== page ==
Hesler v. SSA

Filing 9

MEMORANDUM OPINION & ORDER: 1) Plaintiff Hesler's Motion for Summary Judgment 7 is DENIED; 2) Commissioner of Social Security's Motion for Summary Judgment 8 is AFFIRMED; 3) A Judgment will issue contemporaneously. Signed by Judge Joseph M. Hood on 4/24/2017.(TJZ)cc: COR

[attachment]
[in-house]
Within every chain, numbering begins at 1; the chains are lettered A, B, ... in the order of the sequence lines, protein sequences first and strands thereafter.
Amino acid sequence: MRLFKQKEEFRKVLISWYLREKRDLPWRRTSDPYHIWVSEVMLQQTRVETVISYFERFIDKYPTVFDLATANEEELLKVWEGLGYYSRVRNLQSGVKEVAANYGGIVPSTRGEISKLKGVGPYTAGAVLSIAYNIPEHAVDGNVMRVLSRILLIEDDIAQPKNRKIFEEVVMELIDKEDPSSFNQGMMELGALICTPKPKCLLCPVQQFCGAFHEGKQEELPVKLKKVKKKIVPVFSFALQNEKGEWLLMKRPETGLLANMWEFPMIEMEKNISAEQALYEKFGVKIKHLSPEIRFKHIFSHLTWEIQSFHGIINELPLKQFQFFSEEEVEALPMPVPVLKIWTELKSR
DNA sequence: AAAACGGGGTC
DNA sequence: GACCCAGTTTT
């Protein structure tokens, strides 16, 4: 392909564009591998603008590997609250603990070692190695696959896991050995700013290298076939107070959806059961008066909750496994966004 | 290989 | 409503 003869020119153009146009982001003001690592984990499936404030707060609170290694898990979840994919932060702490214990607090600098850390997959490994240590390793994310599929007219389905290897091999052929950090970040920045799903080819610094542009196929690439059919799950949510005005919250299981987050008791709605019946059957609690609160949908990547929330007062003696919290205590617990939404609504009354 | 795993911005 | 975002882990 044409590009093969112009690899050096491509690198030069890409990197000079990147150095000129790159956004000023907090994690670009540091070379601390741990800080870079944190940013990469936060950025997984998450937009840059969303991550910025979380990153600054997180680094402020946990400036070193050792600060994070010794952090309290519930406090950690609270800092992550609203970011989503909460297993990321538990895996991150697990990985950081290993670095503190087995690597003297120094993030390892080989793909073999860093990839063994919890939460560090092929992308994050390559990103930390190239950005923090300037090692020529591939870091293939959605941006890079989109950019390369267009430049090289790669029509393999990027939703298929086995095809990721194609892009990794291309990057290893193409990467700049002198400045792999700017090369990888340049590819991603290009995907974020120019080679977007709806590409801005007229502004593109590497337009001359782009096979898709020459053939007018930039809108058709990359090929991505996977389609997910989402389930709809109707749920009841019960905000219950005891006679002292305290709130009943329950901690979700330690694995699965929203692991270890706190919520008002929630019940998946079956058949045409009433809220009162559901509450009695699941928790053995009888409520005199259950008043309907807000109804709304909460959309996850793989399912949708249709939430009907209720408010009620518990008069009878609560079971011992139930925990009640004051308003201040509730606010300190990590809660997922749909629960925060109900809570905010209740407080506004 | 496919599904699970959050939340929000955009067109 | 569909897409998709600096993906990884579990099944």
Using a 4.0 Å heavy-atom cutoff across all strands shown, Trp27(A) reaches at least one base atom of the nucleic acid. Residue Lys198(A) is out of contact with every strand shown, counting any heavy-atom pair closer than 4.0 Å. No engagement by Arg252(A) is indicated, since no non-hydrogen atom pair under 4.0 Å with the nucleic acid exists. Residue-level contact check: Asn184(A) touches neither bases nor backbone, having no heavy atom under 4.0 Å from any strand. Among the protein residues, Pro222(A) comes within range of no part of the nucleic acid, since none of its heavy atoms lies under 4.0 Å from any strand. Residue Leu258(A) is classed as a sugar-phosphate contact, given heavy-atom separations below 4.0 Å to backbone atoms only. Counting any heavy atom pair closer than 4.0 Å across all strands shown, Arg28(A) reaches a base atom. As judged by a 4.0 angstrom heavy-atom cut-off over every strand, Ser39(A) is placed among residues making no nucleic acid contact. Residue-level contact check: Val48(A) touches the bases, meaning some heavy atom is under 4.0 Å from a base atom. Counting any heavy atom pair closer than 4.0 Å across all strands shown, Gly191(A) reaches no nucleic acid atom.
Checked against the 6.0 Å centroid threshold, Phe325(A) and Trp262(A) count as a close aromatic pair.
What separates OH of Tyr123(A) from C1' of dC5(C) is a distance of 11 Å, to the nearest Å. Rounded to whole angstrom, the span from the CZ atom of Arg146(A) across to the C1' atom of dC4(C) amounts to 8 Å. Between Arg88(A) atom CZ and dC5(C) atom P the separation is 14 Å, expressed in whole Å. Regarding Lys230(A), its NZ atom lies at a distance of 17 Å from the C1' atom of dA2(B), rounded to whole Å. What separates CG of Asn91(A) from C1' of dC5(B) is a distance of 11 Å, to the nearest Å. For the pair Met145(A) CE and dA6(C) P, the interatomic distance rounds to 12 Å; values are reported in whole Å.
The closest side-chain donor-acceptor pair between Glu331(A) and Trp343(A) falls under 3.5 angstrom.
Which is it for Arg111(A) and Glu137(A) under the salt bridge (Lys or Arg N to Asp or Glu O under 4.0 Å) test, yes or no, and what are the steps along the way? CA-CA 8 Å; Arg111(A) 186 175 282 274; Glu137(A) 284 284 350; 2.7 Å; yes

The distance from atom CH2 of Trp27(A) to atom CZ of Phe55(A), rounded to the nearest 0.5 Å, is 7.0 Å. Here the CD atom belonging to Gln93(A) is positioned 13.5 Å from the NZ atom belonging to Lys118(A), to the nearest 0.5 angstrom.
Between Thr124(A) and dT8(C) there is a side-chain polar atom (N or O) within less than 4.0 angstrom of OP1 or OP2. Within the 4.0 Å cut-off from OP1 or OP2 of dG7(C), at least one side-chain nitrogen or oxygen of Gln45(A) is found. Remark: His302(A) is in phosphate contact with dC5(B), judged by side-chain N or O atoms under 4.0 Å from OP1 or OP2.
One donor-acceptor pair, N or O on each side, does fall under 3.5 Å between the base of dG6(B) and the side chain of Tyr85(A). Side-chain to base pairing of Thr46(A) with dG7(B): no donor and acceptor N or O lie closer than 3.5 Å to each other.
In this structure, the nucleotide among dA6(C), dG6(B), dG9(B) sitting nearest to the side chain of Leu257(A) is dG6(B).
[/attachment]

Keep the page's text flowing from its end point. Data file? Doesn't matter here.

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UNITED STATES DISTRICT COURT EASTERN DISTRICT OF KENTUCKY NORTHERN DIVISION at COVINGTON ESTEL HESLER, ) ) Plaintiff, ) ) V. ) ) NANCY A. BERRYHILL,1 Acting ) Commissioner of Social Security, ) ) Defendant. ) Civil No. 2:16-cv-89-JMH MEMORANDUM OPINION AND ORDER ****   Plaintiff Estel Hesler brought this action pursuant to 42 U.S.C. § 405(g) to obtain judicial review of an administrative decision of the Commissioner of Social Security. The Court, having reviewed the record, will AFFIRM the Commissioner’s decision, as it is supported by substantial evidence. I. Judicial review of the Commissioner’s decision is limited to determining whether it is supported by substantial evidence and was made pursuant to proper legal standards. Cutlip v. Sec’y of Health (6th & Human Servs., 25 F.3d 284, 286 Cir. 1994). “Substantial evidence” is defined as “more than a scintilla of evidence but less than a preponderance; it is such relevant                                                              1  The caption of this matter is amended to reflect that Nancy A. Berryhill became the Acting Commissioner of Social Security on January 23, 2017, replacing Carolyn W. Colvin in that role. 1    evidence as a reasonable mind might accept as adequate to support a conclusion.” resolve Id. conflicts determinations. Id. Courts are not to conduct a de novo review, in the evidence, or make credibility Rather, we are to affirm the Commissioner’s decision, provided it is supported by substantial evidence, even if we might have decided the case differently. See Her v. Comm’r of Soc. Sec., 203 F.3d 388, 389-90 (6th Cir. 1999). The ALJ, in determining disability, conducts a five-step analysis. See Jones v. Comm’r of Soc. Sec., 336 F.3d 469, 474 (6th Cir. 2003). Step 1 considers whether the claimant is still performing substantial gainful activity; Step 2, whether any of the claimant’s impairments are “severe”; Step 3, whether the impairments meet or equal a listing in the Listing of Impairments; Step 4, whether the claimant can still perform his past relevant work; and Step 5, whether significant numbers of other jobs exist in the national economy which the claimant can perform. As to the last step, the burden of proof shifts from the claimant to the Commissioner. Id.; see also Preslar v. Sec’y of Health & Human Servs., 14 F.3d 1107, 1110 (6th Cir. 1994). II. On June 17, 2013, Plaintiff protectively filed a Title II application for disability insurance benefits (“DIB”). 25]. He filed a Title XVI application for supplemental security 2    [TR 124- income (“SSI”) on July 13, 2013. [TR 398-417A]. In both applications, Plaintiff alleged disability as of October 8, 2008. [TR 124-25, 398-417A]. Plaintiff’s claims were denied initially and on reconsideration. [TR 43-76, 418-19]. On March 9, 2015, Administrative Law Judge Greg Holsclaw conducted an administrative hearing at Plaintiff’s request. 422-94]. [TR ALJ Holsclaw ruled that Plaintiff was not entitled to benefits on July 2, 2015. [TR 15-27]. In his decision, ALJ Holsclaw noted that Plaintiff had previously filed an application for benefits, in which he also identified October 8, 2010 as his onset date.2 [Id.]. ALJ Karen Jackson denied that application via written decision on January 13, 2012. [TR 34-41]. Because Plaintiff had not come forward with any evidence to justify reopening his previous application, ALJ Holsclaw held that res judicata applied up to January 13, 2012. [Id.]. ALJ Holsclaw then proceeded with his analysis for the remainder of the time period at issue. [Id.]. At Step 1, ALJ Holsclaw found that Plaintiff had not engaged in substantial gainful activity since the alleged onset date. 20]. [TR At Step 2, he concluded that Plaintiff had the following                                                              2  Plaintiff’s prior claim went through many of the same steps as the instant matter. It was denied initially and on reconsideration. [TR 31-41]. ALJ Jackson held an administrative hearing at Plaintiff’s request, then issued her written decision. [Id.]. 3    severe impairments: reading disorder, disorder of written expression, anxiety disorder (not otherwise specified), borderline intellectual functioning/mild mental retardation/intellectual disability, coronary artery disease (status post stenting of the right coronary chronic artery obstructive and left pulmonary anterior disease descending (“COPD”), and artery), jaw pain (status post multiple surgeries secondary to mandibular fracture). [TR 21]. At Step 3, ALJ Holsclaw determined that Plaintiff did not have an impairment or combination of impairments listed in, or medically equal to, an impairment listed in 20 C.F.R. Part 404, Subpart P, Appendix 1. [TR 21-22]. In reaching this conclusion, ALJ Holsclaw found that Plaintiff’s history of mandibular fracture did not meet the requirements of Listing 1.08 because it did not require continuing surgical management for restoration of major function. [Id.]. He also decided that Plaintiff’s COPD did not meet the requirements of Listing 4.04C because it did not result in serious limitations in his ability to complete activities of daily living. [Id.]. Finally, ALJ Holsclaw determined that Plaintiff’s mental impairments did not meet the requirements of Listings 12.04, 12.05, or 12.06 because Plaintiff had only mild restriction of activities of daily living and moderate restriction 4    of social functioning, and had not experienced extended episodes of decompensation. [Id.]. At Step 4, ALJ Holsclaw found that Plaintiff had the residual functional capacity (“RFC”) to perform a range of light work as defined in 20 C.F.R. § 404.1567(b) and § 416.967(b) as follows: Lift and carry 15 pounds occasionally and ten pounds frequently; stand and walk six hours of an eight hour day, and for no more than one hour at a time; sit for six hours a day, for no more than one hour at a time; push and pull up to the exertional limitations; frequently balance; occasionally stoop, kneel, crouch, or crawl; occasionally climb ramps and stairs, but never ladders, ropes, or scaffolds; no work in areas of concentrated heat or cold; no work around dangerous moving machinery or unprotected heights; and no work in areas with concentrated dust, fumes, gases, or other pulmonary irritants. He is limited to simple, routine work; can maintain attention and concentration for two hour intervals necessary to complete tasks; can occasionally interact with co-workers, supervisors, and the general public; can tolerate occasional, gradual changes in the workplace setting or environment; should have no fast-paced production quotas or goals; and no requirement for literacy, with oral instructions and initial demonstrations in an object focused work environment. [TR 22-26]. He then concluded that Plaintiff was unable to perform any past relevant work. [TR 26]. However, he noted that transferability of job skills was not material to the disability determination because “using the Medical-Vocational Rules as a framework supports a finding that the claimant is ‘not disabled,’ whether or not the claimant has transferable job skills.” 5    [Id.]. Nevertheless, ALJ Holsclaw proceeded to the final step of the sequential evaluation. [TR 26-27]. At Step 5, he determined that there were a significant number of jobs in the national economy that Plaintiff could perform. [Id.]. conclusion a on testimony from ALJ Holsclaw based this vocational expert (“VE”), in response to a hypothetical question assuming an individual of Plaintiff’s age, education, work experience, and RFC. [Id.]. VE work testified grader/sorter (5,500 that such (1,300 an individual Kentucky/87,000 Kentucky/296,000 could find nationally) nationally). [Id.]. or The as a inspector Based on the testimony of the VE, ALJ Holsclaw found that Plaintiff was capable of making a successful adjustment to other work, and thus, concluded that he was not under a “disability,” as defined by the Social Security Act. [TR 29]. This became the final decision of the Commissioner when the Appeals Council denied review on March 29, 2016. [TR 9-11]. Plaintiff filed the instant action on May 25, 2016. [DE 1]. Consistent with the Court’s Standing Scheduling Order, the parties have submitted cross motions for summary judgment, which are now ripe for review. [DE 7, 8]. Plaintiff advances two arguments on appeal, both of which concern the ALJ’s analysis at Step 3.3 First,                                                              3  In his Motion for Summary Judgment, Plaintiff summarizes his arguments as such: “The ALJ failed to properly consider Listing 12.05C in his analysis at the third step of the sequential evaluation.” [DE 7 at 5]. To clarify, Plaintiff does not actually contend that ALJ Holsclaw completely failed to address Listing 6    Plaintiff attacks ALJ Holsclaw’s finding that he did not have deficits in adaptive functioning that manifested prior to age 22, insisting that this conclusion was not supported by substantial evidence. Plaintiff then complains that ALJ Holsclaw’s decision to reject his IQ test results was not supported by substantial evidence. The Court will address each of these arguments in turn. III. “The Listing of Impairments, located at Appendix 1 to Subpart P of the regulations, describes impairments the SSA considers to be ‘severe enough to prevent an individual from doing any gainful activity, regardless of his or her age, education, and work experience.’” Reynolds v. Comm’r of Soc. Sec., 424 F. App’x 411, 414 (6th Cir. 2011) (quoting 20 C.F.R. § 404.1525(a)). “In other words, a claimant who meets the requirements of a Listed Impairment will be deemed conclusively disabled, and entitled to benefits.” Id. “[F]or a claimant to show that his impairment matches a Listing, it must meet all of the specified criteria. An impairment that manifests only some of those criteria, no matter how severely, does not qualify.” Sullivan v. Zebley, 493 U.S. 531, 530 (199) (emphasis in original).                                                              12.05C. Rather, he disagrees with the manner in which ALJ Holsclaw conducted his analysis of Listing 12.05C. 7    “To meet the requirements of Listing 12.05C, a claimant must show: (1) significant subaverage general intellectual functioning with deficits in adaptive functioning that initially manifested during the developmental period (i.e. before the age of twentytwo); (2) the claimant has a verbal, performance, or full scale IQ of 60 through 70; and (3) the claimant suffers from a physical or other mental impairment imposing an additional and significant work-related limitation on function.”4 Turner v. Comm’r of Soc. Sec., 381 F. App’x 488, 490 (6th Cir. 2010); see also Evans v. Sec’y of Health & Human Servs., 820 F.2d 161, 164 (6th Cir. 1987) (explaining that the claimant bears the burden of demonstrating that he or she meets or equals a listed impairment). In evaluating the first element, some courts have held that, absent any evidence of head trauma, an IQ test creates a rebuttable presumption of a fairly constant IQ throughout the patient’s life. See Hodges v. Barnhart, 276 F.3d 1265, 1269 (11th Cir. 2001); Muncy v. Apfel, 247 F.3d 728, 734 (8th Cir. 2001). However, the United States Court of Appeals for the Sixth Circuit has rejected such an approach, stating instead that “[a] claimant must produce evidence beyond his present IQ scores to show that he exhibited deficits                                                              4  Listing 12.05C was deleted from the Listing of Impairments See 81 Fed. Reg. 66138, 2016 WL 5341732 (Sept. 26, 2016). indicated that it does not intend for the revised retroactively to final agency decisions rendered before the the Court will analyze Plaintiff’s arguments as if Listing Id. 8    on January 17, 2017. Because the SSA has Listings to apply changes took effect, 12.05C still exists. during his developmental period.” Turner, 381 F. App’x at 491- 92; see also Foster v. Halter, 279 F.3d 348, 355 (6th Cir. 2001). As for the second element, “the mere fact of a qualifying IQ score does not require that the ALJ find mental retardation under [the Listing of Impairments] when substantial evidence supports the contrary conclusion.” Courter v. Comm’r of Soc. Sec., 479 F. App’x 713, 721 (6th Cir. 2012); see also Brown v. Sec’y of Health & Human Servs., 948 F.2d 268, 269 (6th Cir. 1991) (explaining that a valid IQ score “reflect[s] the claimant’s true abilities as demonstrated by his or her performance at work, household management and social functioning”). In his analysis, ALJ Hosclaw stated as follows: Finally, the Paragraph “C” criteria of Listing 12.05 are not met because the claimant does not have a valid verbal, performance, or full scale IQ of 60 through 70 with deficits in adaptive functioning manifesting prior to age 22, and a physical or other mental health impairment imposing an additional and significant limitation of function. As discussed in the previous decision, past intelligence testing had found full scale IQs of 57 and 69. However, the undersigned finds that these scores are not valid, as they are inconsistent with the claimant’s past work, which involved electrical and plumbing repairs, tasks incompatible with such reduced cognitive functioning. [TR 22]. Plaintiff “concede[s] that the record is [de]void of any test results confirming that [his] mental deficits manifested before 9    age 22.” [DE 7 at 7]. However, he insists that ALJ Holsclaw’s finding that any deficits in adaptive functioning did not manifest prior to age 22 is not supported by substantial evidence. Plaintiff argues that his qualifying IQ scores at age 45 created a rebuttable presumption of a fairly constant IQ throughout his life, which ALJ Holsclaw failed to consider in his analysis of Listing 12.05C. Even if the Court assumes that Plaintiff’s recent IQ test results are valid, a subject that will be discussed infra, the Sixth Circuit presumption. has refused to recognize such a rebuttable Under Sixth Circuit case law, Plaintiff must present evidence beyond his current IQ scores to establish that deficits in adaptive functioning manifested during his developmental years, and by Plaintiff’s own admission, he did not do so. Thus, ALJ Holsclaw’s finding that Plaintiff failed to satisfy the onset criteria of Listing 12.05C is supported by substantial evidence. Next, Plaintiff argues that the ALJ’s decision to reject his IQ tests was not supported by substantial evidence.5 He insists that ALJ Holsclaw did not give sufficiently detailed reasoning to support his decision, choosing instead to rely heavily on the prior                                                              5  As a practical matter, the Court is not obligated to consider this argument because it has already upheld the ALJ’s analysis of the onset criteria, making it impossible for Plaintiff to satisfy all of the requirements of Listing 12.05C. Thus, the ALJ could not have erred in finding that Plaintiff was not conclusively disabled at Step 3. Sullivan, 493 U.S. at 530. However, the Court will discuss Plaintiff’s second argument out of an abundance of caution.  10    administrative decision of ALJ Jackson, who found that Plaintiff’s IQ scores were inconsistent with his “long history of full time employment.”6 While it is true that ALJ Holsclaw reached the same conclusion that ALJ Jackson articulated, this does not necessarily mean that the conclusion is unsupported by substantial evidence. Moreover, rejected the the record IQ test reflects results that on the ALJ Holsclaw grounds that explicitly they were inconsistent with Plaintiff’s self-described work history as a janitor.7 Specifically, ALJ Holsclaw noted that Plaintiff had a history of performing electrical and plumbing repairs while working as a janitor. He then reasoned that such tasks were inconsistent with the degree of reduced cognitive functioning reflected in the IQ tests. a These considerations qualify as “such relevant evidence as reasonable conclusion.” mind might accept as adequate to support a See Cutlip, 25 F.3d at 286; Courter, 479 F. App’x at                                                              6  Plaintiff insists that ALJ Holsclaw implicitly reopened the alleged period of disability beginning on October 8, 2010 and ending on January 13, 2012. However, as discussed supra, ALJ Holsclaw clarified that res judicata applied to this period. While ALJ Holsclaw is bound by findings made by ALJ Jackson at a step in the disability determination process, he is not bound by her subsidiary findings, such as her decision to reject the IQ test results. See Drummond v. Comm’r of Soc. Sec., 126 F.3d 837 (6th Cir. 1997); Acquiescence Ruling 98-4(6) n. 5, 1998 WL 283902 (providing guidance on the application of Drummond). Thus, ALJ Holsclaw’s own treatment of those test results did not amount to a de facto reopening of Plaintiff’s prior application. Id. 7  Plaintiff briefly contends that ALJ Holsclaw’s treatment of the IQ tests is more appropriate for a Step 4 analysis than a Step 3 discussion. [DE 7 at 5]. However, the Sixth Circuit has affirmed a similar Step 3 analysis, indicating that ALJ Holsclaw’s approach was not flawed. See Courter, 479 F. App’x at 72122.   11    721-22 (affirming the ALJ’s Step 3 analysis, in which he discounted the claimant’s qualifying IQ score on the grounds that she also had a non-qualifying IQ score and extensive work history). Thus, the Court finds that ALJ Holsclaw’s decision to reject Plaintiff’s IQ scores is supported by substantial evidence. IV. Accordingly, for the reasons stated herein, IT IS ORDERED as follows: (1) Plaintiff Estel Hesler’s Motion for Summary Judgment [DE 7] be, and is, hereby DENIED; (2) The Commissioner of Social Security’s Motion for Summary Judgment [DE 8] be, and is, hereby AFFIRMED; and (3) A Judgment will issue contemporaneously Memorandum Opinion and Order. This the 24th day of April, 2017. 12    with this